passing a bill to leave the selection
of editor candidates for The Daily
Tar Heel up to a Selections Board,
and by listening to President Don
Fowler's State of the Campus Ad
The legislators also approved the
creation of : .a Constitutional Re
visional Commission for the pur
pose of suggesting "revisions" to
the present Student Constitution.
President Fowler, who touched
on- six major areas involving stu
dent government and the student
body, 'devoted the larger portion
of his speech to chastising The
Daily Tar Heel for reporting "in
accuracy" and editorial "irrespon
"This year, we have all been ap
palled not only by the inaccuracy
in the comparatively simple job of
reporting; a news story, but more
by the juvenile :anticsL of the edi
tors," Fowler asserted. He lam
basted the editors further by say
ing, "The members oft our.Legis-
Candidates Preparing For Tuesday's Elections
Candidates are plastering the campus buildings with posters in
anticipation of the elections to be held Tuesday. Class officerships
and seats in the student Legislature will be filled by the elections.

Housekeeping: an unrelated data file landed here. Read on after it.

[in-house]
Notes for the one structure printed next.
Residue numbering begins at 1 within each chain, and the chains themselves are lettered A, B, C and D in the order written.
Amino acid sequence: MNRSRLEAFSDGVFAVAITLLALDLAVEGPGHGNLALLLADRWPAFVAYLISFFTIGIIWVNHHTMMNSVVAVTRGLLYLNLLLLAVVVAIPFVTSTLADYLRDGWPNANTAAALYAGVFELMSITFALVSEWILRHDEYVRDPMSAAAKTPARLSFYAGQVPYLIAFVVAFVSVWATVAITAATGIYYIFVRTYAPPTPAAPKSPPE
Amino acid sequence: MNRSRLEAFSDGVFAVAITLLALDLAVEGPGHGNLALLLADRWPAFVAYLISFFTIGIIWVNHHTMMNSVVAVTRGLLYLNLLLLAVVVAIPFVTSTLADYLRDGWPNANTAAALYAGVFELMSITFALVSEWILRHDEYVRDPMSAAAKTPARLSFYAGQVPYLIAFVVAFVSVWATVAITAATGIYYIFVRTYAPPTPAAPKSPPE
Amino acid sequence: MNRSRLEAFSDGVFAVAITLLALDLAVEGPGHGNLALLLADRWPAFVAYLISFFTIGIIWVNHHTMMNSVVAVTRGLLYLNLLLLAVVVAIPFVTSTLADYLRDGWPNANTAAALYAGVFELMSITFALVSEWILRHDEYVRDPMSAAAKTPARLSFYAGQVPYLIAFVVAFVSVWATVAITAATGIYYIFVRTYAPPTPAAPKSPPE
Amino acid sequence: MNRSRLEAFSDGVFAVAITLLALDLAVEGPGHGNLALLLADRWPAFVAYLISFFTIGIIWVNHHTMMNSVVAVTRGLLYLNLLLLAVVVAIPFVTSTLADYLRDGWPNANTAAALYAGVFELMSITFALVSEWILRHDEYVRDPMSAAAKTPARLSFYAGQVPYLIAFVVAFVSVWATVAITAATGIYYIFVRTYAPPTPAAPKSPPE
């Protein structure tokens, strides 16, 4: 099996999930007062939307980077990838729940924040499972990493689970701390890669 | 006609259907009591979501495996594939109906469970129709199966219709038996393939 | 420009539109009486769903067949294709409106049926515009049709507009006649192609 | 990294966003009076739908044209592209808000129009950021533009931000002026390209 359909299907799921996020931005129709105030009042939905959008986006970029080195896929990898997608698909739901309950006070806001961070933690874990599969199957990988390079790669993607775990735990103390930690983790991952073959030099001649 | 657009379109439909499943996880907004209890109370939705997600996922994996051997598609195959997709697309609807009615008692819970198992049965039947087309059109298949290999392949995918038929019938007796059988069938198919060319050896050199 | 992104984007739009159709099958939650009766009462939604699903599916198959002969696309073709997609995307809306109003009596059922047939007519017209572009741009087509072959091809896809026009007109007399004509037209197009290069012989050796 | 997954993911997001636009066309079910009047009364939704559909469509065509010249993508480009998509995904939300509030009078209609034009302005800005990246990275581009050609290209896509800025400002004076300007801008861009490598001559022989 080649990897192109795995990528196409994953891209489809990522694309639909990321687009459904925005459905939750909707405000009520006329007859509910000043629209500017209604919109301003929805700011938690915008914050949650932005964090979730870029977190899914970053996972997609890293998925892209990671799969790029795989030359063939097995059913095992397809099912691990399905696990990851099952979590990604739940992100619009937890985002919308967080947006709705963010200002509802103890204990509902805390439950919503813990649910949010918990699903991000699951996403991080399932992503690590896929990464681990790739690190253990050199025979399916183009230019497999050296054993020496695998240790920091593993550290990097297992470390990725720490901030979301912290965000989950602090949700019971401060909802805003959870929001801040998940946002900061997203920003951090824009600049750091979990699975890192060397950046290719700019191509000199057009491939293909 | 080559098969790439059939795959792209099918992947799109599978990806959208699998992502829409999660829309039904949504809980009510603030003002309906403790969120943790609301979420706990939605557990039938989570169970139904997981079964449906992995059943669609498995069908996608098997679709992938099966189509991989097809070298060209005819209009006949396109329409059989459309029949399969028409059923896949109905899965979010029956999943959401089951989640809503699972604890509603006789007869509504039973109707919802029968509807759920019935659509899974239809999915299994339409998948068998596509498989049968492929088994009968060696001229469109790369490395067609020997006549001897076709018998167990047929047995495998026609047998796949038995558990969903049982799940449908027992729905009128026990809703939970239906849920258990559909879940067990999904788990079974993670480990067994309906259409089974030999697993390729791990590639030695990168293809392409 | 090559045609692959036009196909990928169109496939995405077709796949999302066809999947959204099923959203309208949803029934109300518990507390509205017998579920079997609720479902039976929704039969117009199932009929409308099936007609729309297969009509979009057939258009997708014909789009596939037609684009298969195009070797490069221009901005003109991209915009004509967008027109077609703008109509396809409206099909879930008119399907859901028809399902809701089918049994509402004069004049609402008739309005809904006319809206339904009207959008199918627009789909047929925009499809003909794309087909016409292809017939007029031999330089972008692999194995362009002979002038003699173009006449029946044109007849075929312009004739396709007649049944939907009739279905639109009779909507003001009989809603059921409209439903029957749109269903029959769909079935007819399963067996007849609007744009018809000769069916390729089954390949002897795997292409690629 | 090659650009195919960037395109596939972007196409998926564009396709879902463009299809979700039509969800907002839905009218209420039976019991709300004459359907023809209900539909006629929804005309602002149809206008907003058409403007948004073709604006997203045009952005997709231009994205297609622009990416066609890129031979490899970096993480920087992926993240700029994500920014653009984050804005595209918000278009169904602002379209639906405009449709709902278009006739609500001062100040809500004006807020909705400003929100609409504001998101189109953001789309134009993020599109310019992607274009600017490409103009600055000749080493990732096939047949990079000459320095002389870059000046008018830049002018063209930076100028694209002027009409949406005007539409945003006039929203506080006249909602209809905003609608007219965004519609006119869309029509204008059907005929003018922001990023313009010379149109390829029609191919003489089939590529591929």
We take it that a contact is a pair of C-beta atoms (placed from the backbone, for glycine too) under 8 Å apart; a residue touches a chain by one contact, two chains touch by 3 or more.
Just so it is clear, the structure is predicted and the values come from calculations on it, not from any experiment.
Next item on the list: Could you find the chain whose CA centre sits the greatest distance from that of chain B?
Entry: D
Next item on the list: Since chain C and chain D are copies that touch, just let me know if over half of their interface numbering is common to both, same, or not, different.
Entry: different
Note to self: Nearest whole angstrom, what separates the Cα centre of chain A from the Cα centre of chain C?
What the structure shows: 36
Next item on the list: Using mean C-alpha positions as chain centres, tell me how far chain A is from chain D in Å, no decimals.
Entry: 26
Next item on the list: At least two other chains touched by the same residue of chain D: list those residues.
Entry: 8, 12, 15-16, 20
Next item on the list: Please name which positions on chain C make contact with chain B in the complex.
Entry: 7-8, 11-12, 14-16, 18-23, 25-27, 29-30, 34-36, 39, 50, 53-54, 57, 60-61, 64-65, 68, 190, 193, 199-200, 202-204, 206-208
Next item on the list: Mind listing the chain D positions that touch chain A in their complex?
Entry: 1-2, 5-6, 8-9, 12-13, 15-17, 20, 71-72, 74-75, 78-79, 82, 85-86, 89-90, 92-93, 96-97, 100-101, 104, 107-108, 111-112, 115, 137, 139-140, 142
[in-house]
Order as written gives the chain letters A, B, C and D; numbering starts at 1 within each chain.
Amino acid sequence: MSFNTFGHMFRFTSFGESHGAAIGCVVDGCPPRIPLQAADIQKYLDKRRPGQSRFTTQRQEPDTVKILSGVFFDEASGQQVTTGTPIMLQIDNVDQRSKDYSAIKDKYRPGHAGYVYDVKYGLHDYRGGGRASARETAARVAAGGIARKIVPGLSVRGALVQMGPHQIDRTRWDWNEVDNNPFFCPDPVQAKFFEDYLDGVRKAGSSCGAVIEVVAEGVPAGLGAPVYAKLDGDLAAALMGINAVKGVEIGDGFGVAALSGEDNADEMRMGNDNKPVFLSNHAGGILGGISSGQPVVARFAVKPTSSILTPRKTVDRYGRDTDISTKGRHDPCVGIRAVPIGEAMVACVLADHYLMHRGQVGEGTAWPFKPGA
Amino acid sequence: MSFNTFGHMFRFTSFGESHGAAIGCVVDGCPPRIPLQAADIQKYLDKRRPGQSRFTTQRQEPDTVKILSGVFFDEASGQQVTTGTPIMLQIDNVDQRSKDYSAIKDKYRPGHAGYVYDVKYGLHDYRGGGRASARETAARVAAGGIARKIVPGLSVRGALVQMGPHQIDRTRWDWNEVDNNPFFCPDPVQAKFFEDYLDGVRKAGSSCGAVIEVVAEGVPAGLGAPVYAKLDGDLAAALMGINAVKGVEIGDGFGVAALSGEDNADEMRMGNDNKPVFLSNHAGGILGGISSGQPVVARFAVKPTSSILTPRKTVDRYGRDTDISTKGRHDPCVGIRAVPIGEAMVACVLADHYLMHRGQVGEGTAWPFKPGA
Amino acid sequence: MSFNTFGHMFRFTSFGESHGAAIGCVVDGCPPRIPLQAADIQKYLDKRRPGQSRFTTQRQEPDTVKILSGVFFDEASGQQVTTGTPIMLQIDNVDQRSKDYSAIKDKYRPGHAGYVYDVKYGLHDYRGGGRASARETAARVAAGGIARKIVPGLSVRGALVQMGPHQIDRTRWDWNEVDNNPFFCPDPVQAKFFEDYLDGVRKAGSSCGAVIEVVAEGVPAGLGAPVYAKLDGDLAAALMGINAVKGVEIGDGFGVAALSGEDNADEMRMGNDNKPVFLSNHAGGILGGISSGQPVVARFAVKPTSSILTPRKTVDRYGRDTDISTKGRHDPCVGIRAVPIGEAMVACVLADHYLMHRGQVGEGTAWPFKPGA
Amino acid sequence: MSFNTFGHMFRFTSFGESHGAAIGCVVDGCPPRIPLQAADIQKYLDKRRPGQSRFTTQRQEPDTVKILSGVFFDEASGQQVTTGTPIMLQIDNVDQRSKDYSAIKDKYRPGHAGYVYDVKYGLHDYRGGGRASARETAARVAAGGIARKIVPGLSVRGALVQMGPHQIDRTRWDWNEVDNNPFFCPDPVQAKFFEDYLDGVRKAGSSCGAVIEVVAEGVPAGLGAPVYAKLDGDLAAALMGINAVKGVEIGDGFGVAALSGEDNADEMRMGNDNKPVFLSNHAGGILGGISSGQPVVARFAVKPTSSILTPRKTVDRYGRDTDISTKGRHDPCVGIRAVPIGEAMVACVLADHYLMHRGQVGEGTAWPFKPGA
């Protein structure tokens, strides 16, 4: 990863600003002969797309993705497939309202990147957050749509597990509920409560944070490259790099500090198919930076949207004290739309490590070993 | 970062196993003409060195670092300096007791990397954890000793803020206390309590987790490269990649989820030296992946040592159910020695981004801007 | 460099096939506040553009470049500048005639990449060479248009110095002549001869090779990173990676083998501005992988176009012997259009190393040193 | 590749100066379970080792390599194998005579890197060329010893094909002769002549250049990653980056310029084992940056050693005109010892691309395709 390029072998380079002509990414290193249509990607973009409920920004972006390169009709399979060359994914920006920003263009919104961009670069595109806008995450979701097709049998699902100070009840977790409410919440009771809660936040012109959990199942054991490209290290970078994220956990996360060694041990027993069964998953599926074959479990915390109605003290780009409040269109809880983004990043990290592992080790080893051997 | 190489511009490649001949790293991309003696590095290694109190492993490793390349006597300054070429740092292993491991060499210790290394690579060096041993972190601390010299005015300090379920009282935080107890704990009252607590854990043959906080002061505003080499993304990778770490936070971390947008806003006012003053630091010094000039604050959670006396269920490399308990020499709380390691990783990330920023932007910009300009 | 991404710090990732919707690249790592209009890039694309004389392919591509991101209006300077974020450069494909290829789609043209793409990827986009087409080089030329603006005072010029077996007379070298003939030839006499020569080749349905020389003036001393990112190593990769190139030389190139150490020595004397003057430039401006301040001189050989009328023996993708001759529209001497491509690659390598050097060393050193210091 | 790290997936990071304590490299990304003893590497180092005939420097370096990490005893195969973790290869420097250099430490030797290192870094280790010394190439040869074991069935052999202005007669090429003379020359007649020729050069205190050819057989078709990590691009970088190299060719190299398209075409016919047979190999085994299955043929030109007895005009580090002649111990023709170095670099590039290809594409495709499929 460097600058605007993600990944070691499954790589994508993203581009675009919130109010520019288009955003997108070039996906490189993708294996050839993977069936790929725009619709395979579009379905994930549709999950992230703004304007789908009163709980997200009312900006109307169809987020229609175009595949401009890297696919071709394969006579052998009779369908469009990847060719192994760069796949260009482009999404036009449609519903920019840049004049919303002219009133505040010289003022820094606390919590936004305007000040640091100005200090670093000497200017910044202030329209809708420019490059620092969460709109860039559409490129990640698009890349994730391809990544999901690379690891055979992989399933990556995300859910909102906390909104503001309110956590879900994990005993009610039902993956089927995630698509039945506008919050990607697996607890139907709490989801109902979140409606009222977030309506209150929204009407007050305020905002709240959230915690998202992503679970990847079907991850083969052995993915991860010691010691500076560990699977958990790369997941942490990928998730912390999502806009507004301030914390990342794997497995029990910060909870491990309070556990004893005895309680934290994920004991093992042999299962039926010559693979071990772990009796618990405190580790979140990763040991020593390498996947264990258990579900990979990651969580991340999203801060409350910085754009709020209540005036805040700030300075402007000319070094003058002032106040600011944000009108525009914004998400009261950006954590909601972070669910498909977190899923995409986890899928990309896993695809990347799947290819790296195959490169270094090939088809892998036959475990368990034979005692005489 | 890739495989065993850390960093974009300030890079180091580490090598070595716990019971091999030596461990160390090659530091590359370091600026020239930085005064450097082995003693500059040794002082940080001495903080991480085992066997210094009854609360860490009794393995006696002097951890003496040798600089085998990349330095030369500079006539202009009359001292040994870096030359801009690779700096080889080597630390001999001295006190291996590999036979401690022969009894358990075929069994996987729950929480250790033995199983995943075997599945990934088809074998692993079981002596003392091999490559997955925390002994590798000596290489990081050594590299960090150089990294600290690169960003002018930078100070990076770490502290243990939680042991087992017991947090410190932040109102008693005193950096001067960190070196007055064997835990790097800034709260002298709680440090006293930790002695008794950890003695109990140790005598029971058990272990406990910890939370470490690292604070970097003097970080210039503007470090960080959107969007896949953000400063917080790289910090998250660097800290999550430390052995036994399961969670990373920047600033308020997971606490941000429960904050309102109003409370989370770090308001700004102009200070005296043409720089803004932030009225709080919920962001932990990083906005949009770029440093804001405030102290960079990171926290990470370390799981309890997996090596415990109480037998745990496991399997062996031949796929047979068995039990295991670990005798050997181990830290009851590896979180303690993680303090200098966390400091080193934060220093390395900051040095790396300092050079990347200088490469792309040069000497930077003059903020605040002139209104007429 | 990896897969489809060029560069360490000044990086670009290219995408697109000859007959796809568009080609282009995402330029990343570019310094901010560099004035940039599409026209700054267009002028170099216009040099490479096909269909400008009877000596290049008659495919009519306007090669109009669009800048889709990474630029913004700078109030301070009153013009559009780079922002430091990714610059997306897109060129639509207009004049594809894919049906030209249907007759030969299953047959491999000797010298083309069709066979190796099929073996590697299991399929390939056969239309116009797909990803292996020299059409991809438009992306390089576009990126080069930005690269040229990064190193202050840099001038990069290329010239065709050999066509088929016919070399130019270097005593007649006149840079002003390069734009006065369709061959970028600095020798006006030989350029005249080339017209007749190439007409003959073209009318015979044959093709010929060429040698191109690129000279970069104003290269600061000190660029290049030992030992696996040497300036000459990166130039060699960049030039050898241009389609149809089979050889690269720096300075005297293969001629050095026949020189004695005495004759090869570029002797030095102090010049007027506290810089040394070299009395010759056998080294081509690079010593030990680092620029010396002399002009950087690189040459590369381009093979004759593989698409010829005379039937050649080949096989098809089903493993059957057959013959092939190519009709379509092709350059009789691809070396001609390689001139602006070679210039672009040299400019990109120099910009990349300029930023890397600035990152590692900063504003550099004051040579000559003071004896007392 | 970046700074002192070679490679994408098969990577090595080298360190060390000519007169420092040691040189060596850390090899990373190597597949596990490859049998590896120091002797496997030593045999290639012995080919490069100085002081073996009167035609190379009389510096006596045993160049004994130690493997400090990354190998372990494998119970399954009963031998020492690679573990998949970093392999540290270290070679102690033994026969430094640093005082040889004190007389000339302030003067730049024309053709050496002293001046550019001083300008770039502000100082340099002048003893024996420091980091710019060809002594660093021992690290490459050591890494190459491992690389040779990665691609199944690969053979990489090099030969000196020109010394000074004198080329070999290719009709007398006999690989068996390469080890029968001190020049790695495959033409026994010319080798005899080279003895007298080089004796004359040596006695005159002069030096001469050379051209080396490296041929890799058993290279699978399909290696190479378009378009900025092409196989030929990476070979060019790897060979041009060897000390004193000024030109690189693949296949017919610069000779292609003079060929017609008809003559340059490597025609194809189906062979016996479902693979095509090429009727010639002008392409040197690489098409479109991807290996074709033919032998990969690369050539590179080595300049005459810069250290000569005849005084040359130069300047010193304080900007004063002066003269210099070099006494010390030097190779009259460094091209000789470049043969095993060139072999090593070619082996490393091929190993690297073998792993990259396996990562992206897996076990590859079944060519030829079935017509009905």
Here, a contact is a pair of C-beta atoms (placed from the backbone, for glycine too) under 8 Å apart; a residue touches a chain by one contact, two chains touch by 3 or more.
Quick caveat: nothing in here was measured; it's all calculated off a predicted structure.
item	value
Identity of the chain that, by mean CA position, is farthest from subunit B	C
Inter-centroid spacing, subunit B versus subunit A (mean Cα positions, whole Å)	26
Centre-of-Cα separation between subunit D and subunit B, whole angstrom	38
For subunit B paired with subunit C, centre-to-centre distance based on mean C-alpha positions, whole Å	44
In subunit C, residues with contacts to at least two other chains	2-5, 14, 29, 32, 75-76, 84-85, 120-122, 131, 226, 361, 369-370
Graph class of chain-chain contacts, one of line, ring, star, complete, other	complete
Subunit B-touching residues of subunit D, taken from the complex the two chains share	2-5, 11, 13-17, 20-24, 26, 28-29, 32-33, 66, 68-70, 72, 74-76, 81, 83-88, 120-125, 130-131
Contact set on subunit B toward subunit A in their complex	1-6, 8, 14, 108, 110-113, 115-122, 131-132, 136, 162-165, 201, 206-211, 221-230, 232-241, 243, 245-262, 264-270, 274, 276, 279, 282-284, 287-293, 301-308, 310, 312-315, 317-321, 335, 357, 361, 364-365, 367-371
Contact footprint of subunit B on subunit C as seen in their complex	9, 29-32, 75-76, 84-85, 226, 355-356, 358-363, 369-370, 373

Above, left to right, are two candidates, Bob Fcrrell and Jim Arm
strong, are shown putting up their posters. (Henley Photo.)
mit an account may result in a
fine of $1. If the fine is not paid
'A copy of all campaign litera
ture, an itemized description of
lature should continuously guard an' oiner expenses-and a com-, wiinm uveniy-iour nours 01 us oc-
against such" blatant irresponsibfir-1 'r''uuj-aiw,6iivu,,Bw- vUiw .u..uua. "... v
ty which "can only reflect discrediVi mentvpf r expenditures must . be qualified, said McLean.
to our school." ' " " '
IUI11CU 111 IU lilJ UCtUUll UUdlU
at the student government office
;i"Wc must not .allow ourselves in Graham Memorial, before 6 p.m.,
to .be intimidated by i critical or
even libelous editorials . . . If the
editors continue, to fail in their re